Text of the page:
The MOE and MRE signals produced by the arbitration unit I in arbitration logics 6004 1 and 6004 2 (i.e., MOEI1, MOEI2, MREI1 and MREI2) are fed to watchdog WDI;

The MOE and MRE signals produced by the arbitration unit II in arbitration logics 6004 1 and 6004 2 (i.e., MOEII1, MOEII2, MREII1 and MREII2) are fed to watchdog WDII; and

The MOE and MRE signals produced by the arbitration unit III in arbitration logics 6004 1 and 6004 2 (i.e., MOEIII1, MOEIII2, MREIII1 and MREIII2) are fed to watchdog WDIII.

Each one of the watchdogs I, II, III is implemented and arranged identical to perform the same logic functions; however, they preferably implemented with components manufactured independently of each other. Further, each one of the watchdogs I, II, and III operates ill response to its own independent clock, i.e., Clock I, Clock II, and Clock III, respectively. Thus, each watchdog makes an independent determination as to whether these signals are in proper time and rate and thus, determine, in accordance with the “Condition algorithm” described above, the proper one of the Conditions (i.e., Condition I, Condition II, or Condition III) for the system. An indication of the Condition is provided by each of the watchdogs WDI, WDII, and WDIII as a two-bit word MSABI, MSABII, and MSABIII, respectively. The two-bit word is produces as follows:

00=Condition I

01=Condition II

10=condition III

11=Reset (i.e., Condition IV)

These three words MSABI, MSABII, and MSABIII are fed to both arbitration logics 6004 1 and 6004 2, as indicated. It should be remembered that each one of the arbitration logics 6004 1 and 6004 2 (and hence the arbitration logics 6004 1 and 6004 2 therein), operate with a separate independent clock, Clock 1, and Clock 2, respectively. In order to synchronize the three words MSABI, MSABII, and MSABIII are fed to logic section 5010 1 and fed to logic section 5010 2. Each one of the arbitration logics 6004 1, 6004 2 has a synchronization filter 6200 1, 6200 2 to be described. Suffice it to say here, however, that the filter 6200 1 produces corresponding signals MSABI 1, MSABII 1, and MSABIII 1, respectively, and filter 6200 2 produce corresponding signals MSABI 2, MSABII 2, and MSABIII 2, respectively, as indicated.

The signals MSABI 1, MSABII 1, and MSABIII 1, are fed to the arbitration units I, II, and III, respectively, in arbitration logic 6004 1. In like manner, the signals MSABI 2, MSABII 2, and MSABIII 2, are fed to the arbitration units I, II, and III, respectively, in arbitration logic 6004 2. In response to such signals, each one of the arbitration units I, II, and III, makes an independent determination of whether logic section 5010 1 (FIGS. 13A, 13B, 13C, 13D and 13E) or logic section 5010 2 will be granted access to the memory array region R1. A grant by logic section 5010 1 to logic section 5010 2 is indicated by a Memory Grant (MG) signal. Thus, arbitration units I, II, and III of logic section 5010 1 produce Memory Grant signals MGI1, MGII1, and MGIII1, respectively. Such signals are fed to a synchronization filter 6202 2 in arbitration logic 6004 2. The synchronization filter 6202 2 operates as is constructed in the same manner as synchronization filters 6200 1 and 6200 2. In like manner arbitration units I, II, and III of logic section 5010 2 produce Memory Grant signals MGI2, MGII2, and MGIII2, respectively. Such signals are fed to a synchronization filter 6202 1 in arbitration logic 6004 1. The synchronization filter 6202 1 operates as is constructed in the same manner as synchronization filter 6202 2.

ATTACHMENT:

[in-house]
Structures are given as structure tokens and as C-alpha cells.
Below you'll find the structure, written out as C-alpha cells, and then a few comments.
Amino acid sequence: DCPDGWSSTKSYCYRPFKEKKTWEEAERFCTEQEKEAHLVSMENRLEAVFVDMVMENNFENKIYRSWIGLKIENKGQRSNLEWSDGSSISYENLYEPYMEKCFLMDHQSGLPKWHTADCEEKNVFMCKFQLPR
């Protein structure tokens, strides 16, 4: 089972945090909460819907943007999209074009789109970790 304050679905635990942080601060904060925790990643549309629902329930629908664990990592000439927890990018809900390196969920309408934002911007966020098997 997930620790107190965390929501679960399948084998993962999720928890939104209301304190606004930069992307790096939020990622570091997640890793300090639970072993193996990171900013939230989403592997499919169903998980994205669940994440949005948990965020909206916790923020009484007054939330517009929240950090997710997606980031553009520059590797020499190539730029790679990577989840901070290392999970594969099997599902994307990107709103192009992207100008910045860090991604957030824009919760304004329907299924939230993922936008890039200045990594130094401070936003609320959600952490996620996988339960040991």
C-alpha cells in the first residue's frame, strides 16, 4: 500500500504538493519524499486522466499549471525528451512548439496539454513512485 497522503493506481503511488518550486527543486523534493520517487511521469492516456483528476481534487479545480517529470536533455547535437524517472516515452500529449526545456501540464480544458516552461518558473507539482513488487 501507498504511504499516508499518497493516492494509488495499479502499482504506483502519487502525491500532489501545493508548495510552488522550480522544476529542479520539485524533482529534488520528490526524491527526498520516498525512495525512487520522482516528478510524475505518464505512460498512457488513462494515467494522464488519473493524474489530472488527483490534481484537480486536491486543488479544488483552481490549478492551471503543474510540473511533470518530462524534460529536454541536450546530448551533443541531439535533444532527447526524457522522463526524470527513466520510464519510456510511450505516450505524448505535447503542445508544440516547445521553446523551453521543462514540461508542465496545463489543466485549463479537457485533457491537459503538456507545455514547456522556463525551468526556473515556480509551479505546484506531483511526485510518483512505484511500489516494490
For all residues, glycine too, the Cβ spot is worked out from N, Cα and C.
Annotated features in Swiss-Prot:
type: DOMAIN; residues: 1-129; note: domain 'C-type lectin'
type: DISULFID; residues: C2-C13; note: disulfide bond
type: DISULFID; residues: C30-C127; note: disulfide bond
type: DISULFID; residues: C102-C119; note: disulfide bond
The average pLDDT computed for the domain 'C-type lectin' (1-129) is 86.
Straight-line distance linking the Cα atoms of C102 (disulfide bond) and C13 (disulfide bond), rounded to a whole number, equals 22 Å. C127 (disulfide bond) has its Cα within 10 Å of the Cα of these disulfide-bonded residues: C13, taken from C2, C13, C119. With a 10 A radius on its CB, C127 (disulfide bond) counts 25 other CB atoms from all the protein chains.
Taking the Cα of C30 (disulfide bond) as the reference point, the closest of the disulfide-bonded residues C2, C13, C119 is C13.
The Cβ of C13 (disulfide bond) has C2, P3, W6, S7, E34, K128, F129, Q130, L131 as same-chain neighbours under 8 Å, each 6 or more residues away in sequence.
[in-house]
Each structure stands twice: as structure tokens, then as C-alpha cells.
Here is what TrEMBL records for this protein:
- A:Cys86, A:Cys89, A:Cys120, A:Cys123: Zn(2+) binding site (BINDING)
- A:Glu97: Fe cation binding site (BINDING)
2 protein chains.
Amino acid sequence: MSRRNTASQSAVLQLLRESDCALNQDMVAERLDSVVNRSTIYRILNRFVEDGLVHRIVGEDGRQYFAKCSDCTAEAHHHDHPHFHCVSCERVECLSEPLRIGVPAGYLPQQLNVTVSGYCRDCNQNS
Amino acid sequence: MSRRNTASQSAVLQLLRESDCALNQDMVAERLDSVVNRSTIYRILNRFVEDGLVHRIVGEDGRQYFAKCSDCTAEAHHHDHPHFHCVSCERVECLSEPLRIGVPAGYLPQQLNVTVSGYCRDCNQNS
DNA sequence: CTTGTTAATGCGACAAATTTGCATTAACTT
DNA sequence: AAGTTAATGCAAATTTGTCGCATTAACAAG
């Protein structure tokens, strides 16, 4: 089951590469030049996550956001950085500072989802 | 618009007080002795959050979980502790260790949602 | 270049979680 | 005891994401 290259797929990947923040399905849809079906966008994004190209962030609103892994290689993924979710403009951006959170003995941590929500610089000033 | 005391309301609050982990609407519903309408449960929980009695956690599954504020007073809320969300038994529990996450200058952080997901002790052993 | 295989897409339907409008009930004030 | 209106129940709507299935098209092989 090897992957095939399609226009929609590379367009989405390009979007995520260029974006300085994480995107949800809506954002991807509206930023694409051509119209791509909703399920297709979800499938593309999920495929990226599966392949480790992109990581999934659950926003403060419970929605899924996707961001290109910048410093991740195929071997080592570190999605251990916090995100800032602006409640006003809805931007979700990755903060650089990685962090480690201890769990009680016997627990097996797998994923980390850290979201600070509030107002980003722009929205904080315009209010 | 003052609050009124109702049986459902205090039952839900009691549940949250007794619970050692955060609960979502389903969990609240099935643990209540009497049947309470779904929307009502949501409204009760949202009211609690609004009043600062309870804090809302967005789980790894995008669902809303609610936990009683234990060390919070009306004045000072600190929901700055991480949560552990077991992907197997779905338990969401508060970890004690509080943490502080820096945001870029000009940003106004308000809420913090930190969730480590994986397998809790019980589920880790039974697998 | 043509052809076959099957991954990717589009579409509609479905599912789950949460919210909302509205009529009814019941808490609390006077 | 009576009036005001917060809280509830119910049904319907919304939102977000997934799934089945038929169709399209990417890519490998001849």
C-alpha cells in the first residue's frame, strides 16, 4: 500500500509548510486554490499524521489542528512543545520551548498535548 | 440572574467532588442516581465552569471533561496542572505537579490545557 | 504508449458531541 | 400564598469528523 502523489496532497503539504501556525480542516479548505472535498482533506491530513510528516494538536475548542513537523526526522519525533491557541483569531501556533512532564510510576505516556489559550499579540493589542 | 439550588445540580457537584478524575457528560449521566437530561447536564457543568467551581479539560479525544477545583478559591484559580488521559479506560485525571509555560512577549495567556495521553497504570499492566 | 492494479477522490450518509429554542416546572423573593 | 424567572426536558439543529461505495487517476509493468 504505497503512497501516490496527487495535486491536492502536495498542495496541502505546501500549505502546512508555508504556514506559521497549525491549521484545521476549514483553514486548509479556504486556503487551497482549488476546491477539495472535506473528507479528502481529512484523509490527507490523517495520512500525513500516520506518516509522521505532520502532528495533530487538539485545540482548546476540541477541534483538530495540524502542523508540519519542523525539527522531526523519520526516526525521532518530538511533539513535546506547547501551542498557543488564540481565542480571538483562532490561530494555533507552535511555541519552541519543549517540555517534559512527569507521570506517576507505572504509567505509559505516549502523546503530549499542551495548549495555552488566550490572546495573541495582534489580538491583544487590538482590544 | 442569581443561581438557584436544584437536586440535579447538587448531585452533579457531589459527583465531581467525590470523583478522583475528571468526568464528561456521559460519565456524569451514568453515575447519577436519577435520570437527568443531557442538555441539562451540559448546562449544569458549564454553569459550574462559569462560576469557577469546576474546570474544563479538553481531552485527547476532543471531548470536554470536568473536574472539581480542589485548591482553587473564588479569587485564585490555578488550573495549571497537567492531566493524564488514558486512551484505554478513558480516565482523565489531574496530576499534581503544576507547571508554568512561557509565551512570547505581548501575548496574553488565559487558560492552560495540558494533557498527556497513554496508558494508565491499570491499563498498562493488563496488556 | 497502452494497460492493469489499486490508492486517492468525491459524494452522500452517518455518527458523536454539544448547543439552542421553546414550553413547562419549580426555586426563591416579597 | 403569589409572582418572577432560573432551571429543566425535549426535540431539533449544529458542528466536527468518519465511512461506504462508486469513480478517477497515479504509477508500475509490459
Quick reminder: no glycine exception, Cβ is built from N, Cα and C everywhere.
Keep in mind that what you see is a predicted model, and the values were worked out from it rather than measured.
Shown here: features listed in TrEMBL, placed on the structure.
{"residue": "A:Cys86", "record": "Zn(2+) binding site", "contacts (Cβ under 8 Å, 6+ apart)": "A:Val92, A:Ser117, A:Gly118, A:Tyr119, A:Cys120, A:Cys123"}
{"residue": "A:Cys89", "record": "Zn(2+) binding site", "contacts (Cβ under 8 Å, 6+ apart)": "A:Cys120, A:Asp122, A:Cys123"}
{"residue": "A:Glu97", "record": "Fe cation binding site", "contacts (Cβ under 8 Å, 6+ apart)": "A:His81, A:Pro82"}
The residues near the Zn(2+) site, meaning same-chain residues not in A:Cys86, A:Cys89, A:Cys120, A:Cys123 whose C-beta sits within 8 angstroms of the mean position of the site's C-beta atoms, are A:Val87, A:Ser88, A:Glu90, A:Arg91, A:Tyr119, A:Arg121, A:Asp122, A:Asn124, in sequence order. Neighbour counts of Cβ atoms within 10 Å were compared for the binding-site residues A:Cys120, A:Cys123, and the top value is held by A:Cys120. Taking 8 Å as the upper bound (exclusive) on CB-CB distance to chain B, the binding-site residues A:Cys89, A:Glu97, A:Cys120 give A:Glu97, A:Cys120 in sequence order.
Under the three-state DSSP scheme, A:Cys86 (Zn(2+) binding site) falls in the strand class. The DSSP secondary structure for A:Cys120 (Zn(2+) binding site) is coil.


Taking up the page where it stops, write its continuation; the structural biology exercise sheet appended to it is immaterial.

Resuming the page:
Thus, considering exemplary synchronization filter 6202 2, such filter is fed by the three Memory Grant (MG) signals MGI2, MGII2, and MGIII2, as indicated. The three signals are stored in registers 6204I, 6204II and 6204III, respectively, in response to a clock pulse produced by the Clock 2. Each of the three registers 6204I, 6204II and 6204III, send the information stored therein to each of three majority gates MGI, MGII, and MGIII, respectively, as indicated. The majority gates produce an output which is the majority of the three inputs fed thereto. The outputs of the three majority gates MGI, MGII and MGIII are the arbitration units I, II and III, respectively, in the arbitration logic 6004 2, as indicated.